Free Text Message Marketing Templates | Recurring Messaging Campaigns
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Free Text Message Marketing Templates | Recurring Messaging Campaigns

Hi, my name is Derek Johnson with Today I’m gonna be walking through one of
our free text message marketing templates for setting up a recurring text messaging
campaign for both CTIA and TCPA compliance. So, first, right off the bat, what is a recurring
text messaging campaign? So, there’s two different kinds of campaigns,
recurring and single message campaigns. A single message campaign is you text in,
you get a message back, that’s the end of conversation. The brand is not opting that consumer in to
receive future text messages. So that’d be something like an app download
campaign. Text “download” to 12345 and then the brand
sends back a message with a link to download the app. The phone number’s not added to any mass text
messaging lists. That’s the end of the conversation. Now, what we’re gonna be talking about today,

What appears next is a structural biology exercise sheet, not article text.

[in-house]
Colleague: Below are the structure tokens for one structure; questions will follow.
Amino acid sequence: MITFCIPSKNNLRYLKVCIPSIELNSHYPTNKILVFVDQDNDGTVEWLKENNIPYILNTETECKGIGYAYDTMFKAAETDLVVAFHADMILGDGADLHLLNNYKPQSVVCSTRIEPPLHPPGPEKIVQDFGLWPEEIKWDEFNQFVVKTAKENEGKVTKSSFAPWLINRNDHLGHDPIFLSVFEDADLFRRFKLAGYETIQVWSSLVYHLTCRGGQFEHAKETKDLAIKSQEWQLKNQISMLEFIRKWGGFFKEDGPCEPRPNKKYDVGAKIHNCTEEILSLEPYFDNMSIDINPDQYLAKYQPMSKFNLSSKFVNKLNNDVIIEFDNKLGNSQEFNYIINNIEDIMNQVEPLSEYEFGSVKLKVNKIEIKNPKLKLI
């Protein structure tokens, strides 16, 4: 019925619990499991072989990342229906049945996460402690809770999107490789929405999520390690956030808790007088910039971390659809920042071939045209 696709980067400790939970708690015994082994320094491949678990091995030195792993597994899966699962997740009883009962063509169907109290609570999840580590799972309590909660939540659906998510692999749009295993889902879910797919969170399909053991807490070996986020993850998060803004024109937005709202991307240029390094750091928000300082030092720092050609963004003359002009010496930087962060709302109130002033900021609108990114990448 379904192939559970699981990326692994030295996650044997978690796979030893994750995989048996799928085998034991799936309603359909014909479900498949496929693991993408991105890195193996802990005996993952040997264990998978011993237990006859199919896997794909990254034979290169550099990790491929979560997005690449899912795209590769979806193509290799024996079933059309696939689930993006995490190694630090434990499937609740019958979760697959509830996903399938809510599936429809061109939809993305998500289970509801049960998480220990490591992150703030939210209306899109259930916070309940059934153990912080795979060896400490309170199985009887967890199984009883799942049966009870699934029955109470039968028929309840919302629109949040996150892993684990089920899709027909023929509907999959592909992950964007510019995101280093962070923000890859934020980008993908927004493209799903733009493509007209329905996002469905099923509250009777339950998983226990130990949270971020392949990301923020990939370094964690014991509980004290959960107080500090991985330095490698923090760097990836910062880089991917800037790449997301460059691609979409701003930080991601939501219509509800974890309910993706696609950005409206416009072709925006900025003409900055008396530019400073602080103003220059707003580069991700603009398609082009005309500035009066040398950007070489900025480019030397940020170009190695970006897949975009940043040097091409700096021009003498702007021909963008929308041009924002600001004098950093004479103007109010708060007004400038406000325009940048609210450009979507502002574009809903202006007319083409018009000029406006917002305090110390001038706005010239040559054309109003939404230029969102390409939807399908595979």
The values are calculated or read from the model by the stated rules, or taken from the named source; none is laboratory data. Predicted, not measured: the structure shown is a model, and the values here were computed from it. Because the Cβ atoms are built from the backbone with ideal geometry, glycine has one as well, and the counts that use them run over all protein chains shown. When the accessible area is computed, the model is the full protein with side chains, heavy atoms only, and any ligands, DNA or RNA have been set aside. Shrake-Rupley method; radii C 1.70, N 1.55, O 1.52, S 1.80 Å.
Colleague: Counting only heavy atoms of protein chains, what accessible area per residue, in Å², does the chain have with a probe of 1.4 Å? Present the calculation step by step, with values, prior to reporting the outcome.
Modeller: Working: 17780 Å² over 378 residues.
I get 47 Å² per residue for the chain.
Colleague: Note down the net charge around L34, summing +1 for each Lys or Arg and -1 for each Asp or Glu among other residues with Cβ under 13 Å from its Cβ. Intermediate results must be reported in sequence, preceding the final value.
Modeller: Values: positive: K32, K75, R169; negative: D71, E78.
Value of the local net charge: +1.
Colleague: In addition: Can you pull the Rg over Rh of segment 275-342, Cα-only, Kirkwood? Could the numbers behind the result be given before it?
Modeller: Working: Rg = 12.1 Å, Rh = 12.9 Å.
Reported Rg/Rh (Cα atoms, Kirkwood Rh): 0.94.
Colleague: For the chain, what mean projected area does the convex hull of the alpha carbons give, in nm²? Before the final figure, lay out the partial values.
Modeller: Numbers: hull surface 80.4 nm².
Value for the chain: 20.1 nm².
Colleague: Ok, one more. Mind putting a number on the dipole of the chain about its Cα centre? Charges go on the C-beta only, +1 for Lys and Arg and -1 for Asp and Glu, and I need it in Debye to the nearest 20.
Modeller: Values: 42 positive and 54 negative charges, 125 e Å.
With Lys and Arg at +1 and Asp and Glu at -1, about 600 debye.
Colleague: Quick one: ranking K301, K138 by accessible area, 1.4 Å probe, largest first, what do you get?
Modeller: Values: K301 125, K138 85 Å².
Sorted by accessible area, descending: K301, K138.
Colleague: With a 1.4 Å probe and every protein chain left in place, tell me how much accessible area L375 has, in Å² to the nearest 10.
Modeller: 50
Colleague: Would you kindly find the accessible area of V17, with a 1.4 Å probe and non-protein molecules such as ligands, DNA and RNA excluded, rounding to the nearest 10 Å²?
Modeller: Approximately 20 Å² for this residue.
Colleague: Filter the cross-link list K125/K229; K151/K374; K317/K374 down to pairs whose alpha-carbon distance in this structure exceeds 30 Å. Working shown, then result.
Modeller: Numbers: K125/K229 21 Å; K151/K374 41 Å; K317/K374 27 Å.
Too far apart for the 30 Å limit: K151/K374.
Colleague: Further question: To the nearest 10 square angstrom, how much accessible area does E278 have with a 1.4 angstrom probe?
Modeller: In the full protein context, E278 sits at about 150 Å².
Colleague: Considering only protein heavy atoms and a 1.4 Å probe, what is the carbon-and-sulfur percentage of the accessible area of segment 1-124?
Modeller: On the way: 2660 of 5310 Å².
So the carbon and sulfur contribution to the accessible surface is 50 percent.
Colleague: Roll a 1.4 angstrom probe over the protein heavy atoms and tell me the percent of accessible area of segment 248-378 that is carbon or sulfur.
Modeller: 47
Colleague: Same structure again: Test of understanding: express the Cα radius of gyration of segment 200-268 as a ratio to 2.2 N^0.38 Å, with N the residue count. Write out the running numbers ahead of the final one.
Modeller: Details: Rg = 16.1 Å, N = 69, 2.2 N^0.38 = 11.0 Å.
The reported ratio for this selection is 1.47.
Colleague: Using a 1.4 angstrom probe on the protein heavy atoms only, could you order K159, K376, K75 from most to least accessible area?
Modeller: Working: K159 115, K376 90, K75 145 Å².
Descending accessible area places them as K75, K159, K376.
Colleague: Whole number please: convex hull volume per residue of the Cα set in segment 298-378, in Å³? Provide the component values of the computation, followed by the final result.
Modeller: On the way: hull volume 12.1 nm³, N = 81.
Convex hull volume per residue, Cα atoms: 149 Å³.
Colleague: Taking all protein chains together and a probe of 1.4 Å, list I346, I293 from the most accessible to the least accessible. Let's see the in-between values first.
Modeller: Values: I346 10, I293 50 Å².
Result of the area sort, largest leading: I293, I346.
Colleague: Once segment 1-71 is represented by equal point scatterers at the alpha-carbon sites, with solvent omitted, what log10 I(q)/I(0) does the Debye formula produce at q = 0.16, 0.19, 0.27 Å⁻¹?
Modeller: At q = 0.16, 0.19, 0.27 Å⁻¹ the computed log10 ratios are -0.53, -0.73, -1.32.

and this template focuses on, is recurring text messaging. This is what you usually see from big brands
like restaurants, retail, where people opt-in, essentially, giving their phone number to
a brand to then really give the brand permission to send them recurring text messages with
offers and promotions. So, this template will help you, not only
set up, kind of, your advertising, your terms and conditions, also, kind of, messaging flow
so that everything is on point in CTIA and TCPA compliant. Now, just to make sure, always consult an
attorney before launching any text messaging campaign and also, we always recommend a TCPA
attorney because the TCPA is very, very confusing. Always search out and find a TCPA attorney
before launching your campaign. So let’s jump in to this free text message
marketing template. So, the first page that we have here is the
advertising page. This is how you’re going to advertise your
text message marketing campaign. Now, in this example, as you can see, it’s
like a billboard on the side of the road. This could be a website, this could be in
print, it really doesn’t matter. All of these things are required no matter
what the advertising medium is. So, right off the bat here, you’re gonna have
the call-to-action. And what I always recommend in a call-to-action,
again, this is not CTIA or TCPA required. This is more, kind of, just best practices
and really best practices mean, “How do you grow your SMS subscriber list the fastest?” So, what I always recommend is put the offer